This darkening of color represents increasing knowledge;
the deeper the color, the deeper the knowledge.

Each belt has its own meaning.


The
white in a white belt represents a white piece of blank paper ready for knowledge.
White symbolizes purity and innocence.
Adults often fondly refer to their childhood.
Black belts often refer to their experiences as a white belt and smile,
saying something like “when I was a white belt I thought and did this.”


Yellow
in a yellow belt represents the rising sun, a beginning.
By now, your confusion should lessen
and you should begin to understand the different moves
(along with an inkling that there's more to martial arts than just the moves).


Orange
is the color of fire and represents that it is now time to change bad habits.
You now realize the work and dedication that martial arts demands,
and understand that you must continually put forth effort to better yourself.
There is no such thing as “being the perfect martial artist”;
we are all constantly improving.


Green
is the color of spring and growth.
The martial art seed has been planted in you and is starting to grow.
By green belt, you now have your basics down.


Blue
is the color of the sky - the sky's the limit - goals are set high.
You make martial arts a part of your life.
Perhaps prior to receiving your blue belt,
you wanted to achieve a Ph.D., for example, but felt you weren't able.
As a blue belt student, however, you realize that with hard work,
most anything can be accomplished.


The
purple belt student works on overcoming his fear.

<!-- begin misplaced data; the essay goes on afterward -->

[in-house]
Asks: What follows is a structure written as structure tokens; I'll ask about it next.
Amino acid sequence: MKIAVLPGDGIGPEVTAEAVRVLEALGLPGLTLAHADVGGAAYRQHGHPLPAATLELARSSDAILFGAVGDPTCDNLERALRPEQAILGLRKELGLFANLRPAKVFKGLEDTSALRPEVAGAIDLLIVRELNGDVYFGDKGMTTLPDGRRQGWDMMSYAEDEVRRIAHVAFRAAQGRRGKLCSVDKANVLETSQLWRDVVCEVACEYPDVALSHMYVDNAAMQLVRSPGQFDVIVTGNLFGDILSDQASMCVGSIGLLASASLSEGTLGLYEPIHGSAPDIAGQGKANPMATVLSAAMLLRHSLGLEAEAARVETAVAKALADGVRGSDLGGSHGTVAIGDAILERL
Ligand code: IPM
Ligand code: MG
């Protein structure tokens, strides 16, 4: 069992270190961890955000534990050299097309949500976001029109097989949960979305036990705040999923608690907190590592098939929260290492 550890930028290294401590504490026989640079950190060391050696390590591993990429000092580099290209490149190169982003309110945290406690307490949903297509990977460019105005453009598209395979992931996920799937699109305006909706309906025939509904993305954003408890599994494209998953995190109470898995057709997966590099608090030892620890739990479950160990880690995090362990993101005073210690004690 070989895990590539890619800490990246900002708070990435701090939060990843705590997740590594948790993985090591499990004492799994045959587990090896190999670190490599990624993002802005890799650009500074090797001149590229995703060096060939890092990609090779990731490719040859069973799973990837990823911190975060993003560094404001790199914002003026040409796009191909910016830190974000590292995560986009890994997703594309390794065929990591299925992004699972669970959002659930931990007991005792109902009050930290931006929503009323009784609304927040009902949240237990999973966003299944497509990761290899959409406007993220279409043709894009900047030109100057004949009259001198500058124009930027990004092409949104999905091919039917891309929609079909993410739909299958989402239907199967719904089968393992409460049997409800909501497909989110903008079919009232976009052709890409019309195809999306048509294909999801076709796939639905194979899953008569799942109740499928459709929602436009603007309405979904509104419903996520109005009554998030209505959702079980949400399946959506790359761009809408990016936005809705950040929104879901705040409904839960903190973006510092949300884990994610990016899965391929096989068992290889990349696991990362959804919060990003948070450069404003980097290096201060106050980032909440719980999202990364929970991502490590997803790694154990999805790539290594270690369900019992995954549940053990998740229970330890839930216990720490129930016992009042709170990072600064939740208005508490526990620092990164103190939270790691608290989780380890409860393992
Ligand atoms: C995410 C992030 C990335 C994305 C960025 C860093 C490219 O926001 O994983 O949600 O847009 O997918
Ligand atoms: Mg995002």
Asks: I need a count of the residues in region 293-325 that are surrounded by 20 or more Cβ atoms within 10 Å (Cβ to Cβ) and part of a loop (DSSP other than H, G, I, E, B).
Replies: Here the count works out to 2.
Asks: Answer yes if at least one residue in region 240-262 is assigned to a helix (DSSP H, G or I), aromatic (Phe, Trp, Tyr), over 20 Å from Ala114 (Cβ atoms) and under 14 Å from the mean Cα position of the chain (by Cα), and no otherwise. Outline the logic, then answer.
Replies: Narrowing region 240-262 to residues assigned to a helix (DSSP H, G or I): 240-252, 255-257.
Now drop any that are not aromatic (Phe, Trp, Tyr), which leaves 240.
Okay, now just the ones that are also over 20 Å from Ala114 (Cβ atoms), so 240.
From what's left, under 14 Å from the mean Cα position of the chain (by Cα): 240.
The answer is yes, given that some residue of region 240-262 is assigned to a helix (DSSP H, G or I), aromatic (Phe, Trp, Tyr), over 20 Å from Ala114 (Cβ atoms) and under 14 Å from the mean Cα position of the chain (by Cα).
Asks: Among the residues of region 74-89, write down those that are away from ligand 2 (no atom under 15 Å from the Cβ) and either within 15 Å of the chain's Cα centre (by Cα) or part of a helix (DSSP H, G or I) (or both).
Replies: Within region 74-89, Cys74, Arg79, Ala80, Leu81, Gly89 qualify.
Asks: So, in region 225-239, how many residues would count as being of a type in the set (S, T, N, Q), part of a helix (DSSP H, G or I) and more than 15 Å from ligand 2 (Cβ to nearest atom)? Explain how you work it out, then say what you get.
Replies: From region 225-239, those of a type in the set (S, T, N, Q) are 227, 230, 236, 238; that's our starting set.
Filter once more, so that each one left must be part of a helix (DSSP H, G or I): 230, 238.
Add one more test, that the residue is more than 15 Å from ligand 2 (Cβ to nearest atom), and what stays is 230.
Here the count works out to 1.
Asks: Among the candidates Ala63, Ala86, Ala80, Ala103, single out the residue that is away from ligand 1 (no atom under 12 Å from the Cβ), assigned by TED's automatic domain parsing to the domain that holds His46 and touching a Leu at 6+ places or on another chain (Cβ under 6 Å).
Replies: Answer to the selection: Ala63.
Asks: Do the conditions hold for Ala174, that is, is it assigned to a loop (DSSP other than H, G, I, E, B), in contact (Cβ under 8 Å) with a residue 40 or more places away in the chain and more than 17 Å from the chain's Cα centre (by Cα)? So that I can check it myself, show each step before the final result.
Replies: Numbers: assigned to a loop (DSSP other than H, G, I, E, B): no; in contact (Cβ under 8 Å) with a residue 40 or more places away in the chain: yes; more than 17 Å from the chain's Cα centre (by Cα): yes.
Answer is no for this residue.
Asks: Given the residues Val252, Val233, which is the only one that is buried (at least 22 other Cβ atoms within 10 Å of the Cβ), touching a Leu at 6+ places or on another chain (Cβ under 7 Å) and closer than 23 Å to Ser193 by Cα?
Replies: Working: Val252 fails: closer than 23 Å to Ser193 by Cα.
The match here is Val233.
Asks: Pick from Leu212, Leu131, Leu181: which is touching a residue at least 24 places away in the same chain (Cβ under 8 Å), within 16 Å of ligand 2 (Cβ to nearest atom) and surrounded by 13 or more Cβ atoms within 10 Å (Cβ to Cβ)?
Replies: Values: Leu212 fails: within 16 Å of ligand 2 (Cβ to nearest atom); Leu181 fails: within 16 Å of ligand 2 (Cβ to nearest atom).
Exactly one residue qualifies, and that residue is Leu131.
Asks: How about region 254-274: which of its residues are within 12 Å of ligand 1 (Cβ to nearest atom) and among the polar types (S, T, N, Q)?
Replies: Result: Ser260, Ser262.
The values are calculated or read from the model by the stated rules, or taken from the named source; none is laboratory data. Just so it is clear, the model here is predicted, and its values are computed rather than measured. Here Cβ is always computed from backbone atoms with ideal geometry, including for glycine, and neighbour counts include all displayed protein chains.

You push yourself further than before to reach your potential.
Similar to someone who has received a purple heart,
you perhaps will risk bruises and scratches to further your training
(though of course purple heart recipients risk more than bruises and scratches)
(and so do some martial artists).
However, it is not recommended that a martial art student
endure any kind of injury to further their training.
Martial arts is about bettering the body, not harming it.


Brown
is the color of autumn.
Before the time of refrigerators and grocery stores,
people had to work hard to prepare themselves for the winter.
As a brown belt, you can now deal with hardships in your training and your everyday life.
This helps to prepare you for your black belt.
It is at the brown belt level
that you are able to use your martial arts to truly defend yourself on the street.


And
black represents all colors combined, with all the colors working together.
Achieving a black belt is not an end, but a beginning.
As a black belt, you continue to learn and relearn, to grow, to set new high goals,
and to apply your training to your everyday life.

After your are involved in martial arts for a few months,
you can't help noticing that sometimes a lower ranking student
“looks better” in form and technique than a higher ranking student.
To think that all green belts are “better” than all yellow belts is too simplistic.
Martial arts is a highly individualized art.
Do not compare yourself to others; this will poison you.
The true competition is within the each person.
Try to be the best white belt you can be,
then improve with each increasing rank.
There are standards you must achieve for each belt,
but each student has different growth rates.
Growth is achieved in spurts,
and there may be a period of time
when you don't see improvement.
Be patient. It will come.